Will the Virginia Tech Tragedy Change Creative Writing Workshops?

The shootings at Virginia Tech have sparked a nationwide debate about creative writing classes and whether the college heeded warning signs from Cho Seung-Hui’s writing professors. Some feel that creative writing instructors are expected to identify students at risk.

When I teach workshops, I try to create a “safe zone” for students so they feel free to experiment. Granted, my college students tend to write about what happened at the lame frat party the night before, but I wouldn’t want them to feel that I am judging their mental faculties as I’m reading their stories. I think that Cho’s writing professors may have been more alarmed by the fact that Cho’s violent writing was coupled with anti-social behavior.

I wasn’t surprised that the creative writing community at Virginia Tech became actively involved in trying to help the shooter. Writing instructors get to know their students on a more personal level, so the writing community may be the first to detect when students are troubled. I’ve had students come to me during office hours to discuss a recent loss of a sibling or to tell me about an illness in the family. One student told me that he nearly died the year before when a deranged homeless person stabbed him at a college party. These are issues that seldom come up in Chemistry class.

Perhaps it may be helpful for creative writing professors to undergo some sort of counseling training, or would that be asking too much? Do you think that the Virginia Tech tragedy will change the way people teach creative writing? Do you think that this will change writing workshops? Will students still feel free to express themselves?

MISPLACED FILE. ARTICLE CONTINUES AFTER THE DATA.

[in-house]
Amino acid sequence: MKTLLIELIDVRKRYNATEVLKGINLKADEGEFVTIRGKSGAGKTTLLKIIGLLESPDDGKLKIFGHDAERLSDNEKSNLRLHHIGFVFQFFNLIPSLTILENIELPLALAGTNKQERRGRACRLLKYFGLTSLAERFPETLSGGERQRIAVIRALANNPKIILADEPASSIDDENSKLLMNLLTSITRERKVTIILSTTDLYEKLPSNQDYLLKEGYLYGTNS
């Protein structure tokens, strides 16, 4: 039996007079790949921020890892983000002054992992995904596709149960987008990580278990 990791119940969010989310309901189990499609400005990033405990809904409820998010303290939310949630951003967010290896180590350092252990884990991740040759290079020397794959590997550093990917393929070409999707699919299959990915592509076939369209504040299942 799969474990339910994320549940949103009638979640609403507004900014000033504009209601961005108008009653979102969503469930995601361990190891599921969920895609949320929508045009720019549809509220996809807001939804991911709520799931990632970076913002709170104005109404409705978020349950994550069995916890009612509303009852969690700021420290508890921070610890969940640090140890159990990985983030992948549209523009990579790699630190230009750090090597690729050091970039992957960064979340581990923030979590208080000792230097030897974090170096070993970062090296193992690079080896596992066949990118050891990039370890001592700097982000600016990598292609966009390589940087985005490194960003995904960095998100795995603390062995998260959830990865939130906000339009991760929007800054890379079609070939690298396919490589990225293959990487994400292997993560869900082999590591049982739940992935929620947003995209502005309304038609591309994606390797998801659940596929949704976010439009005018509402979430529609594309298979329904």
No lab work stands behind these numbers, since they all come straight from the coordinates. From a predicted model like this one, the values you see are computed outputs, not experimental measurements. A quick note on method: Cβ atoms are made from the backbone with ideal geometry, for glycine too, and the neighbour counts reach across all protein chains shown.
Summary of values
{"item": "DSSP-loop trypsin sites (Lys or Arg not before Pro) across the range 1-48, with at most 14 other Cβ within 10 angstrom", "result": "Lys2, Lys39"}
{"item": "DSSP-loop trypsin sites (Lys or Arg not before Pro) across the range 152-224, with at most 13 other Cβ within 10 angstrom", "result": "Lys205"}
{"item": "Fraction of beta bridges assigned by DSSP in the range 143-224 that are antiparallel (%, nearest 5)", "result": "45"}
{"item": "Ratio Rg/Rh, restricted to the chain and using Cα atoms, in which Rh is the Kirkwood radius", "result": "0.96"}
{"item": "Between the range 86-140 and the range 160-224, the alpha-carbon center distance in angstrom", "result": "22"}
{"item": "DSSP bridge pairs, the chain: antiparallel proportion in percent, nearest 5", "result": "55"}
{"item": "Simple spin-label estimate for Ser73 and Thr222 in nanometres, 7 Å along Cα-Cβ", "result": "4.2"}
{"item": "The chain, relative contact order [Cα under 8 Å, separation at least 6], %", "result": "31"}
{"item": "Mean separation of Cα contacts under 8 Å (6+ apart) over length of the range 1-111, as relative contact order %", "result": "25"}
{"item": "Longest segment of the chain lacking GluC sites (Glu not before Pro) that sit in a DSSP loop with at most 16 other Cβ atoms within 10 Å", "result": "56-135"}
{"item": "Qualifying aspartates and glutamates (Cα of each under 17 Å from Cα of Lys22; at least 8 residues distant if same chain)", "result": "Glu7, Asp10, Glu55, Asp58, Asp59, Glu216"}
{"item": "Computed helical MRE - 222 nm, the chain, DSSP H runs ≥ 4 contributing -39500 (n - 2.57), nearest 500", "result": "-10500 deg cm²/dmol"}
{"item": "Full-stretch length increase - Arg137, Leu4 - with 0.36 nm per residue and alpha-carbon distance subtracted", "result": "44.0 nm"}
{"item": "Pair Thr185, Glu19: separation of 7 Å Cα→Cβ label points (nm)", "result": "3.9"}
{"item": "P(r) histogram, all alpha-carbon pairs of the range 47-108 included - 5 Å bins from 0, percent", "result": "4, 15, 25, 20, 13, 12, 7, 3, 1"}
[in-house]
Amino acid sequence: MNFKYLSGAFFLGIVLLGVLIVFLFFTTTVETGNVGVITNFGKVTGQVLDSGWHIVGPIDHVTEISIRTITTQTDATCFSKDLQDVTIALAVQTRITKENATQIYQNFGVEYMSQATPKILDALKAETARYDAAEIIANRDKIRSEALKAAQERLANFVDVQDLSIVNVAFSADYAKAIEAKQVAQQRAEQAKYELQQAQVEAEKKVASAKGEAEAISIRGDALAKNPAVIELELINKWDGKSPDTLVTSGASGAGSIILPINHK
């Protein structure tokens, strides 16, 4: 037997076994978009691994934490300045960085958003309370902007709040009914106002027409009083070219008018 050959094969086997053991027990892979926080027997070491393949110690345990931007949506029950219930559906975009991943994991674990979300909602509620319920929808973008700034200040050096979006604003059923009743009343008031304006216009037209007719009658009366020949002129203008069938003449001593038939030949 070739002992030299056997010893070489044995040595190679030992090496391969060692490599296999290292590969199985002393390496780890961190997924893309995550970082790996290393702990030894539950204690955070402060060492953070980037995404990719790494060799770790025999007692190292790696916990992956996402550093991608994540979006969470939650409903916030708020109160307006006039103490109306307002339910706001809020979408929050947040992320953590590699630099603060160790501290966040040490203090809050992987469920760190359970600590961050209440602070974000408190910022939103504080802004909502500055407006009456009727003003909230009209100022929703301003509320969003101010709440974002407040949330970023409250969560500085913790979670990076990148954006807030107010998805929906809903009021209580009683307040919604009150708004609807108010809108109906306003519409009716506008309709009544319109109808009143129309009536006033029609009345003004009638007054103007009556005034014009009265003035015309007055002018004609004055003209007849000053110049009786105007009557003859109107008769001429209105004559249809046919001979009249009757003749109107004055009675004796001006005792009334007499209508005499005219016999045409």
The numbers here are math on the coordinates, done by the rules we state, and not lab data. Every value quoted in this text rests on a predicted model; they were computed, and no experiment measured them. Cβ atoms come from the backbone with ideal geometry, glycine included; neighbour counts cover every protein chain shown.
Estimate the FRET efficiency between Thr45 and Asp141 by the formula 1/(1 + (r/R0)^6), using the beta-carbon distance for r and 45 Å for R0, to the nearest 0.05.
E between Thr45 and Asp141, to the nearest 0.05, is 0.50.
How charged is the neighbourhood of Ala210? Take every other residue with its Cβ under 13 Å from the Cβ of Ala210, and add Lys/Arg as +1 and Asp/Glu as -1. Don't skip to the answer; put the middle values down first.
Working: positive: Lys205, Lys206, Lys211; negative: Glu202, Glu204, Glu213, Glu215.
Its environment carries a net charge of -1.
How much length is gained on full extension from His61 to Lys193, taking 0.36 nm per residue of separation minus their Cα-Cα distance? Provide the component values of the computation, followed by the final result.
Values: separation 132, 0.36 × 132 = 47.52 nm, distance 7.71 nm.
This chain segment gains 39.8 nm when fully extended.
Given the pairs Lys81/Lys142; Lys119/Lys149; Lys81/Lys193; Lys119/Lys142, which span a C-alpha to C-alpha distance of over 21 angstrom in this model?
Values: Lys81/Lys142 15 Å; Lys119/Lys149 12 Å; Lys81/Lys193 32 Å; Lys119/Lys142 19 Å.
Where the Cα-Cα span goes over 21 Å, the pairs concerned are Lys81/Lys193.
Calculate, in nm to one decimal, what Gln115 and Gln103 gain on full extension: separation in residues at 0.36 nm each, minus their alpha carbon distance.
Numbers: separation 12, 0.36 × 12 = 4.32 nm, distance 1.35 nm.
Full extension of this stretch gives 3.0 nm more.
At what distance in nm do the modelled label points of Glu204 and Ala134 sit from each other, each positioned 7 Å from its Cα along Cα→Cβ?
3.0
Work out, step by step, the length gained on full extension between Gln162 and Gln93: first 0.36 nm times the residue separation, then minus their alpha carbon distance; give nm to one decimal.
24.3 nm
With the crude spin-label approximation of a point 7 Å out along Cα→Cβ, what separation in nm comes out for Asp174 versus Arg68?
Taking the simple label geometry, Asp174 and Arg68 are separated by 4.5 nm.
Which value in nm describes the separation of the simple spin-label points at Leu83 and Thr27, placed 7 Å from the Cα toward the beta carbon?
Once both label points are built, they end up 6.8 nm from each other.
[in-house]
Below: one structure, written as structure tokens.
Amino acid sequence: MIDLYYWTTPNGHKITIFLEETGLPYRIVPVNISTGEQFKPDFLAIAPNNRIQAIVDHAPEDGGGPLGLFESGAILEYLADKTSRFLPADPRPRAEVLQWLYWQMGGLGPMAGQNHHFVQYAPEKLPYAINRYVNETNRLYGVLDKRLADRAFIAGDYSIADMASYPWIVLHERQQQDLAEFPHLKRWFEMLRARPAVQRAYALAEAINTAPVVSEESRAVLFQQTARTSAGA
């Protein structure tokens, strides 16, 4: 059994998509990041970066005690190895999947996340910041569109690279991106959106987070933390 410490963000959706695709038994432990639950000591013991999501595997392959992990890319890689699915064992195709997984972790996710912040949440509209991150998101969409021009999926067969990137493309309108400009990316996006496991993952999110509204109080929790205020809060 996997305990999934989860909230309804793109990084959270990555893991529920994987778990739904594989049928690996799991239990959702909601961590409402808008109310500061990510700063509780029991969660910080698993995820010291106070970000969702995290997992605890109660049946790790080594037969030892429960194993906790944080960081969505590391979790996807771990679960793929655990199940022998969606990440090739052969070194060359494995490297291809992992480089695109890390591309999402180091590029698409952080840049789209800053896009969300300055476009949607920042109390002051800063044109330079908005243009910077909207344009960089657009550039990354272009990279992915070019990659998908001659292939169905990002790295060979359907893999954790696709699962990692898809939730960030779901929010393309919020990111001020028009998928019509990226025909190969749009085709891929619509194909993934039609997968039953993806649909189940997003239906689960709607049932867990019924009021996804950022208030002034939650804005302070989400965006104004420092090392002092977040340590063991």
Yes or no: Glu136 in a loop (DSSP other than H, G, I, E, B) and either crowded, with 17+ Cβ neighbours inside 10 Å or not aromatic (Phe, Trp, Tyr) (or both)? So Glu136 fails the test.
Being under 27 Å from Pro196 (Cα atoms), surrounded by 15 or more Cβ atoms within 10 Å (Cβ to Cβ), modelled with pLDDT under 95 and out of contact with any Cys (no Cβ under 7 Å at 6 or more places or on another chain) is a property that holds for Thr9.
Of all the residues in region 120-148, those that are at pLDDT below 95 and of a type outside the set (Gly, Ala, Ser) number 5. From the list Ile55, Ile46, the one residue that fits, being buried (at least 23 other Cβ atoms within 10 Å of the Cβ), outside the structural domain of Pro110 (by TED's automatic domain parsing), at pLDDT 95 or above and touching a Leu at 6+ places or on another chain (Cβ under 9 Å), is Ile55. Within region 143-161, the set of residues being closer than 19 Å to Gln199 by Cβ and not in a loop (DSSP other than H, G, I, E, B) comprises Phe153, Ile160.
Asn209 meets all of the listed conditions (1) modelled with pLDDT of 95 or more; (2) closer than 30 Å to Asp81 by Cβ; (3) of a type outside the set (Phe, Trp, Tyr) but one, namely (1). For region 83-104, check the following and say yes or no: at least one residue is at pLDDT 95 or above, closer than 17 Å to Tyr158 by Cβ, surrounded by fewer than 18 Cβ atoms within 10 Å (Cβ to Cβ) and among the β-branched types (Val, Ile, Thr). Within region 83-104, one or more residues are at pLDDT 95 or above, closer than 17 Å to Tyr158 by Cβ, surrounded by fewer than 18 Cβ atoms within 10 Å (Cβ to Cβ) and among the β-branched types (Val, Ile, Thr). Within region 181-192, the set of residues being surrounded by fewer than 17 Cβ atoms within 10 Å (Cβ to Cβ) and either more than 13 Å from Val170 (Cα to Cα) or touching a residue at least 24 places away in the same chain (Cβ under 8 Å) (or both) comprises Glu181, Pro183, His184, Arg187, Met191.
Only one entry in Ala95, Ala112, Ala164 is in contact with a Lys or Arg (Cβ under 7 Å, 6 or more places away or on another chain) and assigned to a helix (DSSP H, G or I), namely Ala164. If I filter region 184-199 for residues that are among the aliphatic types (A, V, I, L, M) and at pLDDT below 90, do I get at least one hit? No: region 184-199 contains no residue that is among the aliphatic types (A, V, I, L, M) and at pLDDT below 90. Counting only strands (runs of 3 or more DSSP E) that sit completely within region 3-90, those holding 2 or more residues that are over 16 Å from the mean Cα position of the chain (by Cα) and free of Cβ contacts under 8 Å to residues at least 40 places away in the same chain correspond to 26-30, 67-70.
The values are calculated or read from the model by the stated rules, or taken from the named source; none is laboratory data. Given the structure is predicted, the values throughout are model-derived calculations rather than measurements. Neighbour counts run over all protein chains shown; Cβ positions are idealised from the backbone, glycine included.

2 thoughts on “Will the Virginia Tech Tragedy Change Creative Writing Workshops?

  1. As a writing instructor at EMU, I was drawn to the tragedy of VTech for the additional reason of wondering what I would do if such a student was in my class. Based on what I know of the facts, it seems the instructors at VTech did everything correctly. Sensing that this particular student’s writing was evidence of more deeply seeded troubles, they reported their concerns to their superiors. The problem then, as I understand, in no way reflects on how the instructors handled the sitution but on how VTech was able to respond, the laws that tied their hands and the way in which a University is allowed to address such concerns involving a student. Check out the NY Times today – article on Education, page C19

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